How the cost of living crisis will impact health

Date : 28 July 2022

IGD’s Chief Economist, James Walton and Health and Sustainable Diets Associate, Lizzy McHugh explore how inflation predictions may impact shopping habits and health.

Looking at the news, there is a sense across the UK and beyond, that everything is becoming more expensive. Whilst energy prices make up many of the headlines, food is also making a significant contribution to inflation, with the CPI (consumer price index) measuring food inflation at 9.8 % in June. This was slightly lower than predicted by IGD but there is likely to be further to go (Watch the latest video from IGD Economics).

In our Viewpoint special report IGD forecast that through 2022, food inflation will average between 10% and 12%, peaking at 14% to 16% in the summer, assuming that there is no change in circumstance. In reality businesses and shoppers will take steps to mitigate inflation so actual effective inflation rates will somewhat lower.

IGD has suggested a 8-9% increase in food bills for the average household. This will see a family of four needing to increase their spend on food and groceries from £396 per month to £439 per month. A family of two adults and two children will need to find an extra £43 per month or £516 over the year to pay for food. As a result, they are likely to pursue money saving tactics even more intensively. With further energy price increases expected in the autumn the impact on household budgets will be exacerbated.

When comparing the health of most deprived and least deprived households there is evidence that health is directly linked to available income with many people in the UK struggling to eat well even before the current inflation event. Evidence from previous recessions is that many shoppers will reduce purchasing of fresh fruit, vegetables, and perishables when money is tight.

Our ShopperVista survey found that concerningly, skipping meals has also become increasingly common, with shoppers on a lower income especially likely to be skipping meals frequently to save money. Higher income shoppers tell us they are more likely to plan meals, use leftovers and make packed lunches in future, to adapt to reduced household budgets.

In an attempt to help households manage their money the government has announced a Help for Households campaign which sees business and government offering deals and solutions across different sectors to save money. Below is how some of the large food retailers have joined up with government to provide deals to help families deal with the cost of living crisis:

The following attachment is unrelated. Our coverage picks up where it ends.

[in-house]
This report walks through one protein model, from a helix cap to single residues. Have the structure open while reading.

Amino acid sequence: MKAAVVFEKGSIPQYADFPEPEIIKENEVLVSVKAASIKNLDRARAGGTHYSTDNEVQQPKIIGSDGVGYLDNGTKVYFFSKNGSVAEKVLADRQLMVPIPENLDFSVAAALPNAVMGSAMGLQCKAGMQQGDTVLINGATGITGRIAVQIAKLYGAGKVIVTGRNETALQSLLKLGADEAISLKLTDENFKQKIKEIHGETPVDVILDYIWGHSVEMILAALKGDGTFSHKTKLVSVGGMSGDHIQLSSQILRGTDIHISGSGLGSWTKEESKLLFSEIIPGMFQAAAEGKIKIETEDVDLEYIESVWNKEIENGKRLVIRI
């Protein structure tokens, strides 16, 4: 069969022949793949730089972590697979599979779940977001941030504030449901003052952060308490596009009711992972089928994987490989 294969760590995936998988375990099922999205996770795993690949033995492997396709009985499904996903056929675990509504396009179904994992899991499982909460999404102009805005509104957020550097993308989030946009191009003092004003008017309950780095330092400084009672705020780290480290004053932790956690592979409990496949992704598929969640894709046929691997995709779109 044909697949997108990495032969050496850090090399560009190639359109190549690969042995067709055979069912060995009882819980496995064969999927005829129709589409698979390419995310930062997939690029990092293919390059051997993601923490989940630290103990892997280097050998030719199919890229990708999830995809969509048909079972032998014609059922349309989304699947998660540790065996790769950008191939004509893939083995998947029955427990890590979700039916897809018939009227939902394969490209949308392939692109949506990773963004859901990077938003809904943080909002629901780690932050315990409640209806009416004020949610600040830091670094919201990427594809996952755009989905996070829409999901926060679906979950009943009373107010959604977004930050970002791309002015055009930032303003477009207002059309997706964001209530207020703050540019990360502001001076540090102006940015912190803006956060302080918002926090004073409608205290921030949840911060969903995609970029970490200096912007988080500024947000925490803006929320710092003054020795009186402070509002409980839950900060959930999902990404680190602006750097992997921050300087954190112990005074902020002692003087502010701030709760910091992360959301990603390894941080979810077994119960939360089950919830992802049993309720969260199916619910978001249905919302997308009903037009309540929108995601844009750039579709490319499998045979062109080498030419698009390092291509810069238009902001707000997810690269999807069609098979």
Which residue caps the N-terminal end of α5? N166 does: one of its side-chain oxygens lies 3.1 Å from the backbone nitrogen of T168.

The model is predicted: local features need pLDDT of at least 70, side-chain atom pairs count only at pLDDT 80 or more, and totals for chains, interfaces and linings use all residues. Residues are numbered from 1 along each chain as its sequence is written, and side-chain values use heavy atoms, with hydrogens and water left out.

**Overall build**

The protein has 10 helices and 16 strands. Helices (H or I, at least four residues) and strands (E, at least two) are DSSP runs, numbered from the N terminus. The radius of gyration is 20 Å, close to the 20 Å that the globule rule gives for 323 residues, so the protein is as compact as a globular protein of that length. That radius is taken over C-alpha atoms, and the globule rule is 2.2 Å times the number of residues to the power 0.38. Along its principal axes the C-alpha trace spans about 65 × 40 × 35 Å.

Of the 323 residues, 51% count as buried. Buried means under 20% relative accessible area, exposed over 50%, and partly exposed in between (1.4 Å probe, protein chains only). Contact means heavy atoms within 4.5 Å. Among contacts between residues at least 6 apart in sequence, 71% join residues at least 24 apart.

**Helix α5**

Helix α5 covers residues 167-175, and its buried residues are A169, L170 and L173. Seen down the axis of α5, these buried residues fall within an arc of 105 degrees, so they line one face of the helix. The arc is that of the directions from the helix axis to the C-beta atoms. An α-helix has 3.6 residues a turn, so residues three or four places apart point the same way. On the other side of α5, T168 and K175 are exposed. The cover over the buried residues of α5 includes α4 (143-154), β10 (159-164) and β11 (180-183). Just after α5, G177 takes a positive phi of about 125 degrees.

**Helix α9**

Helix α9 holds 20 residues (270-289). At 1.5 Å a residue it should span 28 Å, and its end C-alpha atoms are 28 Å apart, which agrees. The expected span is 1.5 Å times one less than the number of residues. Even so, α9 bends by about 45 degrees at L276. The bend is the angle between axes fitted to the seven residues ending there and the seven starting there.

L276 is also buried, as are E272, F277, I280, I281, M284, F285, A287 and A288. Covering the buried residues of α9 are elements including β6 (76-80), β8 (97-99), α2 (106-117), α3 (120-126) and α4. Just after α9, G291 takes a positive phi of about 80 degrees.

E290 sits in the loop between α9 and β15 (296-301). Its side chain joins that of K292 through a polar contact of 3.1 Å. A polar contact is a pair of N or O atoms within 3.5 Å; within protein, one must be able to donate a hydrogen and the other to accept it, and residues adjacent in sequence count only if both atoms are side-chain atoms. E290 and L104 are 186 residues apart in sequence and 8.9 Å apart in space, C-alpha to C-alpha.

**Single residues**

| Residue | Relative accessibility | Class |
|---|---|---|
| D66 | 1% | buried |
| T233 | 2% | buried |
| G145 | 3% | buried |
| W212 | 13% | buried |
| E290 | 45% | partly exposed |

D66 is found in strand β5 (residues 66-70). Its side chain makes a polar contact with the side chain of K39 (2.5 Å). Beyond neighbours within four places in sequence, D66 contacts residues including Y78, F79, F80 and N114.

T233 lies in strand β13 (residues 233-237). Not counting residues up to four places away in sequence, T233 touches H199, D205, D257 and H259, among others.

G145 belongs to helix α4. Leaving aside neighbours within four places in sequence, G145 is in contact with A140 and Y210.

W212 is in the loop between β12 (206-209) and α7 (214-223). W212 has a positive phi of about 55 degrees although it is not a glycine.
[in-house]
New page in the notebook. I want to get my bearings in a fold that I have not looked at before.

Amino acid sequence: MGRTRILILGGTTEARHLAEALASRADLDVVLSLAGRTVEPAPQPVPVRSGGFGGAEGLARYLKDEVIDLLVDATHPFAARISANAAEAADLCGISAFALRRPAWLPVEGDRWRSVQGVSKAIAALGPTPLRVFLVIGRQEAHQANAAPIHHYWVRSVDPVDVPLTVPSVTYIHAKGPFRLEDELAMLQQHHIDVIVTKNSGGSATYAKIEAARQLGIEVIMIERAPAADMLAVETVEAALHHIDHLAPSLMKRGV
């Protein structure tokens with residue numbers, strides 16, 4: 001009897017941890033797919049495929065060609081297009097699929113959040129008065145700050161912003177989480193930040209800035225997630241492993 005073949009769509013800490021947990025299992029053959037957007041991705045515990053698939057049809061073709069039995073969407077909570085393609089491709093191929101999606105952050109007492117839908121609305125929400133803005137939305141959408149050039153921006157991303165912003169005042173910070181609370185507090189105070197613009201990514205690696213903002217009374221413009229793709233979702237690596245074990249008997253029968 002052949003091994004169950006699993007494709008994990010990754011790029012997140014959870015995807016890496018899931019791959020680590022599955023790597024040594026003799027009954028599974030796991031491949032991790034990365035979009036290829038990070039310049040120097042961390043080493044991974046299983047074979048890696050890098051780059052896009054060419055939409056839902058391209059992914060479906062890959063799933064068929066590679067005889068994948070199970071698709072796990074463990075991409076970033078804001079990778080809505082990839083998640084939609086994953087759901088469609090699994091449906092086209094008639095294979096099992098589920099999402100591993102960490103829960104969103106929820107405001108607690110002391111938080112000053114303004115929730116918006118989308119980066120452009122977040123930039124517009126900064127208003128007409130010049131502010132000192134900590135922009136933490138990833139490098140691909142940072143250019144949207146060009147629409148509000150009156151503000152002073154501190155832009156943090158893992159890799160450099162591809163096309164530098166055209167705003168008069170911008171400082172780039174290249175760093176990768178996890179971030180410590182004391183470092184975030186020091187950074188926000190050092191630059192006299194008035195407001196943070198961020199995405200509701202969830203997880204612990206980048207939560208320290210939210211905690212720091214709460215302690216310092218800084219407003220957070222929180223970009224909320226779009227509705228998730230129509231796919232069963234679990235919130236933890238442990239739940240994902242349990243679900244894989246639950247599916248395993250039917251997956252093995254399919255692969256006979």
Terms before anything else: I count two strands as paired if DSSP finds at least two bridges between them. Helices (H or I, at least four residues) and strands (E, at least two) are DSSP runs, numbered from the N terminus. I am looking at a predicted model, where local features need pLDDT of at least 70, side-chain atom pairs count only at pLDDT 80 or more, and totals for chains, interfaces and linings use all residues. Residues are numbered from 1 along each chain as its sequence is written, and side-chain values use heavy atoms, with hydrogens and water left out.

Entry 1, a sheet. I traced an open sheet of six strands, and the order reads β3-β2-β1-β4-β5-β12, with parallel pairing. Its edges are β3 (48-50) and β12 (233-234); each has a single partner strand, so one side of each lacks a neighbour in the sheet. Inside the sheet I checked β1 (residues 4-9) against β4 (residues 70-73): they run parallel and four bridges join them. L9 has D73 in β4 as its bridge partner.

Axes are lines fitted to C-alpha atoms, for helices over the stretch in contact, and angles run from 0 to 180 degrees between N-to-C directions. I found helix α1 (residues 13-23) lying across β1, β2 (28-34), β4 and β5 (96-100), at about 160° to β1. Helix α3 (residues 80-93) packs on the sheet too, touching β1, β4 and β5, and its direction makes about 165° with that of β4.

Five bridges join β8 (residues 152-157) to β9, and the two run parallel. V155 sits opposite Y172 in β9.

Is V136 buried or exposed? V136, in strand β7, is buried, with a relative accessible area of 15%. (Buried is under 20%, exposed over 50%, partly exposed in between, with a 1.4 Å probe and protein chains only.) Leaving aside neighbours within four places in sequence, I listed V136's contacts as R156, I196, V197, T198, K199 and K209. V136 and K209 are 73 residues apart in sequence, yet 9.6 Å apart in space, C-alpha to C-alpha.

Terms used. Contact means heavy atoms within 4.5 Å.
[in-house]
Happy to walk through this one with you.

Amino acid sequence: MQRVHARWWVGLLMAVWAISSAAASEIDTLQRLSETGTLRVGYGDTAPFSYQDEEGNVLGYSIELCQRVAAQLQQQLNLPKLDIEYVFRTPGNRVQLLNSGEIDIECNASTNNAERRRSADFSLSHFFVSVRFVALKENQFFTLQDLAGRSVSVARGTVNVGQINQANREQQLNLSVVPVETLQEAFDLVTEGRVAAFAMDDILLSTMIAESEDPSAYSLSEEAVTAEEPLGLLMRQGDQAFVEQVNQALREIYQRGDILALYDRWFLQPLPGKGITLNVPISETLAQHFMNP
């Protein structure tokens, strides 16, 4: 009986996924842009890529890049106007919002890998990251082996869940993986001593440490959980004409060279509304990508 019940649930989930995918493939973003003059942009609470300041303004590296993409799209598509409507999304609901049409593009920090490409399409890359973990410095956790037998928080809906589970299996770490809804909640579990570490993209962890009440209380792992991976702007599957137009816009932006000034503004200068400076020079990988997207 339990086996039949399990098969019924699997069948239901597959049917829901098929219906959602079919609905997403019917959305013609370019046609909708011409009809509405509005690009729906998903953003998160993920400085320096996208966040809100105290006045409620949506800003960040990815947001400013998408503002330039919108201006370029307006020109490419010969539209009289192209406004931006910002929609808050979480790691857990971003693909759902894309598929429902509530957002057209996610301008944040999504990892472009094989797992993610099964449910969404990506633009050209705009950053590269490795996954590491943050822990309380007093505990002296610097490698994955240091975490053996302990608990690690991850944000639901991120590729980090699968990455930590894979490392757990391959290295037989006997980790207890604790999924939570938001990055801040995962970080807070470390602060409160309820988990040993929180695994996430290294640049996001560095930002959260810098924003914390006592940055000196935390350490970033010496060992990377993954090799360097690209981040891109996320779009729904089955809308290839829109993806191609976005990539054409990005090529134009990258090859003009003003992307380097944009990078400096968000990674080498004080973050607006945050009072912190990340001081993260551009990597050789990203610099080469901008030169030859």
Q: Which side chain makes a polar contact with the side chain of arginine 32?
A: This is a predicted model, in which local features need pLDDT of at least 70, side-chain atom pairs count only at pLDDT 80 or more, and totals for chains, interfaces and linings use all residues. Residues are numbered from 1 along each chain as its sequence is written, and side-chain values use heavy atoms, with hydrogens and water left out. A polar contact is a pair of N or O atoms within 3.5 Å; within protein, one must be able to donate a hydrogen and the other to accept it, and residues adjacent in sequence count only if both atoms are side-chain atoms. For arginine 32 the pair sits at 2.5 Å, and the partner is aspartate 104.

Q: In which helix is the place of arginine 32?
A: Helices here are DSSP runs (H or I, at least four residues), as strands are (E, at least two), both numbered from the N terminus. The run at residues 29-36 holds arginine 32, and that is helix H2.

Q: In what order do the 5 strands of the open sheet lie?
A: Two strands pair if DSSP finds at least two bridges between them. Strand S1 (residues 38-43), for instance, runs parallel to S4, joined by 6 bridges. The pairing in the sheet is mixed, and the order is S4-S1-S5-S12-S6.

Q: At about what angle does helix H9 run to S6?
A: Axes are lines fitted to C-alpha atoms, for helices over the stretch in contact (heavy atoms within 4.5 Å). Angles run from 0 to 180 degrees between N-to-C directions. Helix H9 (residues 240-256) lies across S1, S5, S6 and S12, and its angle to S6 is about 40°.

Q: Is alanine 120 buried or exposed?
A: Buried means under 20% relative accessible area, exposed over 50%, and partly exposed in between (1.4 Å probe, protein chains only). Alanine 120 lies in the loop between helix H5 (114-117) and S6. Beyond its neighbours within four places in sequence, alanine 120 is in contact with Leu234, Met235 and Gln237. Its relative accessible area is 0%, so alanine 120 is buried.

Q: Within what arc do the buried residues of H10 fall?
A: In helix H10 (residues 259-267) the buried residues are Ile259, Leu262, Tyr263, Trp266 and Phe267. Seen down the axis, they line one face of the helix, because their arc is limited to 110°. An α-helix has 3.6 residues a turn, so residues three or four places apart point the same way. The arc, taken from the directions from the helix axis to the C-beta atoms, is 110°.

• Sainsburys introduced a “feed your family for a fiver” campaign to help customers with budget friendly meal ideas to feed a family of four for less than a fiver
  • ASDA have extended their “Kids eat for £1” where children under 16 can access a cold or hot meal for £1 at any time of the day in ASDA cafes
  • Morrisons is providing a free meal for every child at in store cafes when a parent buys an adult meal
  • Tesco Clubcard holders can get a free child’s meal in its cafes with any purchase made in store

Whilst this is a fantastic step to help families, we must recognise that the cost of living crisis is impacting shoppers in all socio-economic groups. In our latest shopper research, even the most affluent reported feeling significantly less confident about their finances in the coming year.

As well as the above short term fixes like the government programme or the industry measures longer term there needs to a solid economic programme towards prosperity led by government. Food businesses can also help by driving productivity and then rolling benefits into both lower prices for consumers and higher wages for employees.

For those whose finances have less flex, there may be tough decisions between heating homes and putting food on the table to come, which will no doubt influence people’s ability to consider health.

How are IGD responding to the crisis

Here at IGD we are working to drive change across society, business, and individuals to navigate these times.

  • Working with 20 leading organisations across industry and the University of Leeds we are collaboratively testing behaviour change levers in real-life settings and identifying the most effective ways to make healthy and sustainable diets easy and accessible for everyone across income groups.
  • More than ever, there is a clear opportunity for our industry to tackle food waste. We are supporting this through our ambition to halve food waste by 2030 and maximise food surplus redistribution. Measuring food waste data and taking action to reduce waste can create savings for businesses, whilst maximising redistribution ensures that surplus food reaches those who really need it rather than it being wasted.

For more on inflation see the below: